AMD: Instinct MI300 APU with Zen 4 and CDNA 3 Up and Running in the Lab

AMD MI300 APU
(Image credit: AMD)

Mark Papermaster, chief technology officer of AMD, said at a conference that the company's next-generation Instinct MI300 accelerated processing unit for data centers and high-performance computing is already up and running in AMD's labs. The APU uses AMD's Zen 4 and CDNA 3 architectures and will power the El Capitan supercomputer that is expected to break the 2 ExaFLOPS barriers sometimes in 2024.

"But with what we announced and have rolled out with our next-generation Instinct that we already have back in the labs, the MI300, it is a true datacenter APU," said (opens in new tab) Papermaster at the Wells Fargo 2022 TMT Summit (via SeekingAlpha (opens in new tab)). "It is a CPU and a GPU acceleration that is leveraging the Infinity architecture to share the same memory fully coherently. It is all sharing high-bandwidth memory."

AMD's Instinct MI300 is a multi-chiplet APU carrying Zen 4 general-purpose x86 cores, and CDNA 3-based compute GPU that share a unified on-package pool of memory comprising of Infinity Cache as well as HBM. AMD will use TSMC's N5 (5nm-class) fabrication process to produce CPU/GPU chiplets for the MI300, but the company has yet to disclose how many CPU cores and GPU stream processors are set to be packed into the hybrid processor.

Putting CPU cores and GPU accelerators into one package and making them use unified memory is the Holy Grail of supercomputing as it not only combines the best of both worlds (general purpose processing and highly parallel acceleration), but it also dramatically simplifies programming and makes it easier to get all performance potential out of execution engines.

The Instinct MI300 APU is set to power the U.S. Department of Energy's El Capitan supercomputer, which will be installed at the Lawrence Livermore National Laboratory (LLNL) sometime in 2023 and will become fully operational in mid-2024. 

AMD plans to roll out its Instinct MI300 sometime in 2023, which is why it is not surprising that the processor is already up and running in its labs. Meanwhile, it is unclear whether the company will supply the MI300 to any clients outside the supercomputer world in mass quantities next year.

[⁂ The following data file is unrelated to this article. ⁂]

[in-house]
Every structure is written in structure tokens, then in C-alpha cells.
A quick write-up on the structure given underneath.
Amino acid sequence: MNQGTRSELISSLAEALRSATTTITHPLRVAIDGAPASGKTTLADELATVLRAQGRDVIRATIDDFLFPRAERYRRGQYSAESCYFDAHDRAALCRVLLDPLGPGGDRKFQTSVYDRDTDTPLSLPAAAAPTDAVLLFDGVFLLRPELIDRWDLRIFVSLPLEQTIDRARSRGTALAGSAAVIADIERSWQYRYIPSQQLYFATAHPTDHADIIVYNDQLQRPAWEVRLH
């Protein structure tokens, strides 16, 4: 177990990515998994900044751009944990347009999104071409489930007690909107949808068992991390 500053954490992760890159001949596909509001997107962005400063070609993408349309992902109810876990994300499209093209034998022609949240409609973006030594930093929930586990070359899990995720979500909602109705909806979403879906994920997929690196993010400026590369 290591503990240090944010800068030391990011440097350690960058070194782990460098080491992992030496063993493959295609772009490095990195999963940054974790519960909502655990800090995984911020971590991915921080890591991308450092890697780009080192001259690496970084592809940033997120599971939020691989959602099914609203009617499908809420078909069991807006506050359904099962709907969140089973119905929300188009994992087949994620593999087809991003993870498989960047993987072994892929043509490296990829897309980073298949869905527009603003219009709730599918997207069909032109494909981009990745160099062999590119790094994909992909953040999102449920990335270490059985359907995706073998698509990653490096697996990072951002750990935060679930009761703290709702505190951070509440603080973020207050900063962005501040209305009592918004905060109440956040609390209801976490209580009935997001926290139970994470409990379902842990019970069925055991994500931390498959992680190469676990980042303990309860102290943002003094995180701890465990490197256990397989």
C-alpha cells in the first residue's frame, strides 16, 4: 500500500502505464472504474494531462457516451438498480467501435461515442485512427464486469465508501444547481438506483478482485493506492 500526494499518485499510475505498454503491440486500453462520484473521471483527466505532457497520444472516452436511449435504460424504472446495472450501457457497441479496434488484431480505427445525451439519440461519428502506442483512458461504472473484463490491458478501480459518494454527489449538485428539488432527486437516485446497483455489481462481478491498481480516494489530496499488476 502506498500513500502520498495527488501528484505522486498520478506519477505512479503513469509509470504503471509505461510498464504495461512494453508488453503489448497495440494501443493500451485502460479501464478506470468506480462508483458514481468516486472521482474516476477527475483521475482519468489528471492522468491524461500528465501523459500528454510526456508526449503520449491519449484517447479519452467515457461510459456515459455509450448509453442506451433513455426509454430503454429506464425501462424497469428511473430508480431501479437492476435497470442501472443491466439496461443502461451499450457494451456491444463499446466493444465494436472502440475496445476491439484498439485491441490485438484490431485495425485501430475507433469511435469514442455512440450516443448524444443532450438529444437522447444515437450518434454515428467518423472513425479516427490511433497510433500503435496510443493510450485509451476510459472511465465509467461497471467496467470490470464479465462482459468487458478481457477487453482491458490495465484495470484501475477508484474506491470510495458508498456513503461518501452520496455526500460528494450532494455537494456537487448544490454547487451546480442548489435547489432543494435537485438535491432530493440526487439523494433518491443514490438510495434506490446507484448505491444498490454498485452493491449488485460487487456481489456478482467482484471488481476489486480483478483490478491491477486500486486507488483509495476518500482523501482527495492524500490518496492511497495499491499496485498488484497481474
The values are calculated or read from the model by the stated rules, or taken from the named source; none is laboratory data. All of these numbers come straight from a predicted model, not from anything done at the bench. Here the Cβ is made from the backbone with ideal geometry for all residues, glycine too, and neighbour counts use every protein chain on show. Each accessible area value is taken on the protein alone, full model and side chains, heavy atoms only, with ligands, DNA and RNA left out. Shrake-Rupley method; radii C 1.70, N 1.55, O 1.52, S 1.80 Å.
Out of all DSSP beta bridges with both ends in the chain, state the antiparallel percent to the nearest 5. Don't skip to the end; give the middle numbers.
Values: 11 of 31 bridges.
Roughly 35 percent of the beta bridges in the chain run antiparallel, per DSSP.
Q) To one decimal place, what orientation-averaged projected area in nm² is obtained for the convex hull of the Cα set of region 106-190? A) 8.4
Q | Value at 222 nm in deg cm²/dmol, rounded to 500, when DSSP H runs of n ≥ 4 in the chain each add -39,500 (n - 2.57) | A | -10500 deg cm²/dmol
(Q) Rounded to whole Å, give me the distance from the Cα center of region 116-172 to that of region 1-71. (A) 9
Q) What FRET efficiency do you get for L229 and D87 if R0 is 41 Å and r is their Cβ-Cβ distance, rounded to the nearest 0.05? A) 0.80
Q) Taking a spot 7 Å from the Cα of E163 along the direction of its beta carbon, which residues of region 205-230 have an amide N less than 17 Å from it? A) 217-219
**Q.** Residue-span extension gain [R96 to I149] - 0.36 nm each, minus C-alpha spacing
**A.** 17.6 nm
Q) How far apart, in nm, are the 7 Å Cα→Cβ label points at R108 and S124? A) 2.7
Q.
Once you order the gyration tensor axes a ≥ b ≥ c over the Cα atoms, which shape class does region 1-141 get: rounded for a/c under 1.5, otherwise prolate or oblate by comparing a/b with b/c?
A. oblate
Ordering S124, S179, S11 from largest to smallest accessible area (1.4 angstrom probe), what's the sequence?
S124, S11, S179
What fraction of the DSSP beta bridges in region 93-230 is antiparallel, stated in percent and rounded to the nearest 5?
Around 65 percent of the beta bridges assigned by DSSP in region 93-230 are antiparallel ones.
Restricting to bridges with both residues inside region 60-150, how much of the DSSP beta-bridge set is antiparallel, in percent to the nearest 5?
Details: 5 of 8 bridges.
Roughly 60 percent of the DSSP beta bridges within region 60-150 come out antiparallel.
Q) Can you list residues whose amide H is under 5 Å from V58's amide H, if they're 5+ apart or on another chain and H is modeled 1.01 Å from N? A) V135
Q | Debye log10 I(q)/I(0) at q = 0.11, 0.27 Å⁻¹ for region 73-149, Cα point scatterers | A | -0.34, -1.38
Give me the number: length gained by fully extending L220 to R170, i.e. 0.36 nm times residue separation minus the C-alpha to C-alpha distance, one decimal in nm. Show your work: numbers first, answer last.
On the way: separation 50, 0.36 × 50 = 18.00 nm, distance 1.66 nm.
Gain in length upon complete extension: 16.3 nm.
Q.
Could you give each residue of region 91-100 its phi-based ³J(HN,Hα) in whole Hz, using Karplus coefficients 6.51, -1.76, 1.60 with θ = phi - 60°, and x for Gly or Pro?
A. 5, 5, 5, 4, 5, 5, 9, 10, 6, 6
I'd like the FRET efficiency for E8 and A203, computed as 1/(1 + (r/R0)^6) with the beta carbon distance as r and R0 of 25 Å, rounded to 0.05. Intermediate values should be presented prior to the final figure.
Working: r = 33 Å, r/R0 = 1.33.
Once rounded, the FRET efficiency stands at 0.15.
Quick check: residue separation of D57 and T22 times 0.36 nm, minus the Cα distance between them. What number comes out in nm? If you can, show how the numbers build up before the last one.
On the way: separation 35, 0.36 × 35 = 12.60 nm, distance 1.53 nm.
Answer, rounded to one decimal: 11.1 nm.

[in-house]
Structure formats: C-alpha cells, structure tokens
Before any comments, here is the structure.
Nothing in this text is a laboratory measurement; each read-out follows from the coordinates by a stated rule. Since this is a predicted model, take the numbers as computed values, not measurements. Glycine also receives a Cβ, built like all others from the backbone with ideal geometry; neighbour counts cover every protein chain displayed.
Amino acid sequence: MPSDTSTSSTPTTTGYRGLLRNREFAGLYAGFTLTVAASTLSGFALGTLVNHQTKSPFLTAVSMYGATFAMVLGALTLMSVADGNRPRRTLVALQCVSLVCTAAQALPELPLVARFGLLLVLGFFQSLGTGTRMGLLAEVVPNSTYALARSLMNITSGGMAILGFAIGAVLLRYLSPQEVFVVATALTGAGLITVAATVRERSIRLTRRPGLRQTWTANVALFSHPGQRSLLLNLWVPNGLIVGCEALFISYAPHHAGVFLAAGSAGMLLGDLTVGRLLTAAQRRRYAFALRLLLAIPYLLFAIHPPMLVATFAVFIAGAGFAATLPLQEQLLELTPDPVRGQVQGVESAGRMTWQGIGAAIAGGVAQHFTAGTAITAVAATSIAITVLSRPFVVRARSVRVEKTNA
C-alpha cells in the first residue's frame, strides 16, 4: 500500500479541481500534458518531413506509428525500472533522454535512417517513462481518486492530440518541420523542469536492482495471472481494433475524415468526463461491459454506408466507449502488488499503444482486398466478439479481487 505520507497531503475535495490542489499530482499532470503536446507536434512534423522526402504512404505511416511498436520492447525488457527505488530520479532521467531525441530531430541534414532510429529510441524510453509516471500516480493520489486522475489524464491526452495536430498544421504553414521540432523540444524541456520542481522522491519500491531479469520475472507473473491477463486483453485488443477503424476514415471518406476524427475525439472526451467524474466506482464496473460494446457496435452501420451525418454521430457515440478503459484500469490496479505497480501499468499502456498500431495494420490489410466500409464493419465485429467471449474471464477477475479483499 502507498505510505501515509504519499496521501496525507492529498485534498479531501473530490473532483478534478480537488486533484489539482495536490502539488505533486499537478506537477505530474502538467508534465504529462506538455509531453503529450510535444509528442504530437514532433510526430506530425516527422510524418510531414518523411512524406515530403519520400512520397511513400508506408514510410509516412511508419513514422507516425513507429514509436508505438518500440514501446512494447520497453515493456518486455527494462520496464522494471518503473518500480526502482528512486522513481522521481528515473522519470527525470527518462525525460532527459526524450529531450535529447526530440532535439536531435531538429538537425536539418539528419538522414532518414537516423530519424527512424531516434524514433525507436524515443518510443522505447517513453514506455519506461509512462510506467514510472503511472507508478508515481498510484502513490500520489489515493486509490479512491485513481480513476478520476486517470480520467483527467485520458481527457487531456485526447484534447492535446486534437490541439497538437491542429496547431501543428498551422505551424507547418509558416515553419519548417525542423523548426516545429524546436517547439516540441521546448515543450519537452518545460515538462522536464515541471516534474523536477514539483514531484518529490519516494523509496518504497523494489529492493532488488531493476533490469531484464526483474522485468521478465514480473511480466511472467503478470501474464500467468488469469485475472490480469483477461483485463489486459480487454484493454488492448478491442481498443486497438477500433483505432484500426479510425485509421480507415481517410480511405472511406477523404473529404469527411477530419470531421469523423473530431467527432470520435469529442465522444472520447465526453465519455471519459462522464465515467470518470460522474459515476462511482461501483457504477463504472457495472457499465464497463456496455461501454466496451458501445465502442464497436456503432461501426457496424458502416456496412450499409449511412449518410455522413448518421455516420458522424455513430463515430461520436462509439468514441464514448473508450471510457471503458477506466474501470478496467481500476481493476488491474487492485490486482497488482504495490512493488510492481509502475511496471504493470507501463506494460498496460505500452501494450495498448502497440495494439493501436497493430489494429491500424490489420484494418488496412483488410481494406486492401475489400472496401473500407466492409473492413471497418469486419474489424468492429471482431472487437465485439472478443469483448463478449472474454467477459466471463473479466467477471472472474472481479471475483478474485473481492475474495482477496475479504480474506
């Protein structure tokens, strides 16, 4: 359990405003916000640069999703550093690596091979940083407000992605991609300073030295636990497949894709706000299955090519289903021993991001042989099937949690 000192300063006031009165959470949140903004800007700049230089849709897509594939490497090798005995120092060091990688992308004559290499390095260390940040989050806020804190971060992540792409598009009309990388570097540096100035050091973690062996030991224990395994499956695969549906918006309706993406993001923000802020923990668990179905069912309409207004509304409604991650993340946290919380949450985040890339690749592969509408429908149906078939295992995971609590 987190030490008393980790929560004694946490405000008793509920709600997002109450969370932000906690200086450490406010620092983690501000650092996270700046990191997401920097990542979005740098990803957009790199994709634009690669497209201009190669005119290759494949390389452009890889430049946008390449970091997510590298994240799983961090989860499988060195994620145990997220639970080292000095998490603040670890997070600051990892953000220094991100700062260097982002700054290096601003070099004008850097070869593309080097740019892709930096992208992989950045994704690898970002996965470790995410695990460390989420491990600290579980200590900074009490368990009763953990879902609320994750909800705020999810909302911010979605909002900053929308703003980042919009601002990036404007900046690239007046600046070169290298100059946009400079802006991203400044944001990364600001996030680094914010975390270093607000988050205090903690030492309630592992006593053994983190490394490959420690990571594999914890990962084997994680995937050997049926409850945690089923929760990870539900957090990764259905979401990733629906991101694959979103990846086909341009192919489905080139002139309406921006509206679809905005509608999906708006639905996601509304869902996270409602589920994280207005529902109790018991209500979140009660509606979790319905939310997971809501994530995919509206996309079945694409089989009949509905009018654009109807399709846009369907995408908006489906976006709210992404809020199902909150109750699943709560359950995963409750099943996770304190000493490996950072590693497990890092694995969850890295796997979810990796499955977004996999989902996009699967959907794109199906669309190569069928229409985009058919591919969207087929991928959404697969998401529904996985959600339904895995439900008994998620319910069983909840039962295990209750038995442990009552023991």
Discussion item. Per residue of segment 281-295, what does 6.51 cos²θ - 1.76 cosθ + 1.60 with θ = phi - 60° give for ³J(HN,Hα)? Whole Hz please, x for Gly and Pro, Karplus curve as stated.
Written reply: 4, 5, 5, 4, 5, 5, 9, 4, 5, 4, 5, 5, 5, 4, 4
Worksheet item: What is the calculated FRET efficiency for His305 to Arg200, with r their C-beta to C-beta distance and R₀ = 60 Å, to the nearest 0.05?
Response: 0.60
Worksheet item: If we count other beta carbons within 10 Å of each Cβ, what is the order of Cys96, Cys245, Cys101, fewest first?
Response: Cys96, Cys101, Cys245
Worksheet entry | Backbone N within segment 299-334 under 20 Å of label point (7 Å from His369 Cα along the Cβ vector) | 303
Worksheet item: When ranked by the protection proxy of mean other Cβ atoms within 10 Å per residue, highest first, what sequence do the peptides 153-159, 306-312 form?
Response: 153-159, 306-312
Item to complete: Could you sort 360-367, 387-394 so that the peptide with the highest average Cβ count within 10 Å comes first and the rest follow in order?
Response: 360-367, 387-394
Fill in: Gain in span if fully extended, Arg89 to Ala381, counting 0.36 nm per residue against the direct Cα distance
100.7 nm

Since AMD's Instinct MI300 will be the industry's first data center and HPC-grade APU, there will be a lot of interest in it in the supercomputing community. Meanwhile, AMD's Instinct MI300 will not be the only hybrid processor for data centers packing x86 and GPU resources that will be available in the coming years. For example, Intel is working on its codenamed Falcon Shores product with x86 and Xe-HPC cores in the same package and expects to make it available in 2024.

Anton Shilov
Freelance News Writer

Anton Shilov is a Freelance News Writer at Tom’s Hardware US. Over the past couple of decades, he has covered everything from CPUs and GPUs to supercomputers and from modern process technologies and latest fab tools to high-tech industry trends.

  • quadibloc2
    I will definitely agree that having both the CPU and a GPU compute accelerator working from unified memory is good. But the Holy Grail? Don't we already have something that also works from unified memory, but is much more flexible, and hence usable, than a GPU accelerator? I'm thinking of the SX-Aurora TSUBASA from NEC, which is, or at least was, the last survivor of the vector supercomputers that began with the Cray I. Although it appears that today both ARM and RISC-V are adding similar capabilities.
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  • bit_user
    it is unclear whether the company will supply the MI300 to any clients outside the supercomputer world in mass quantities next year.
    I think that depends a lot on what socket or form factor it uses. OAM?

    Also, I have to wonder whether it'll have any external DRAM, or if it'll be limited to just the in-package HBM.
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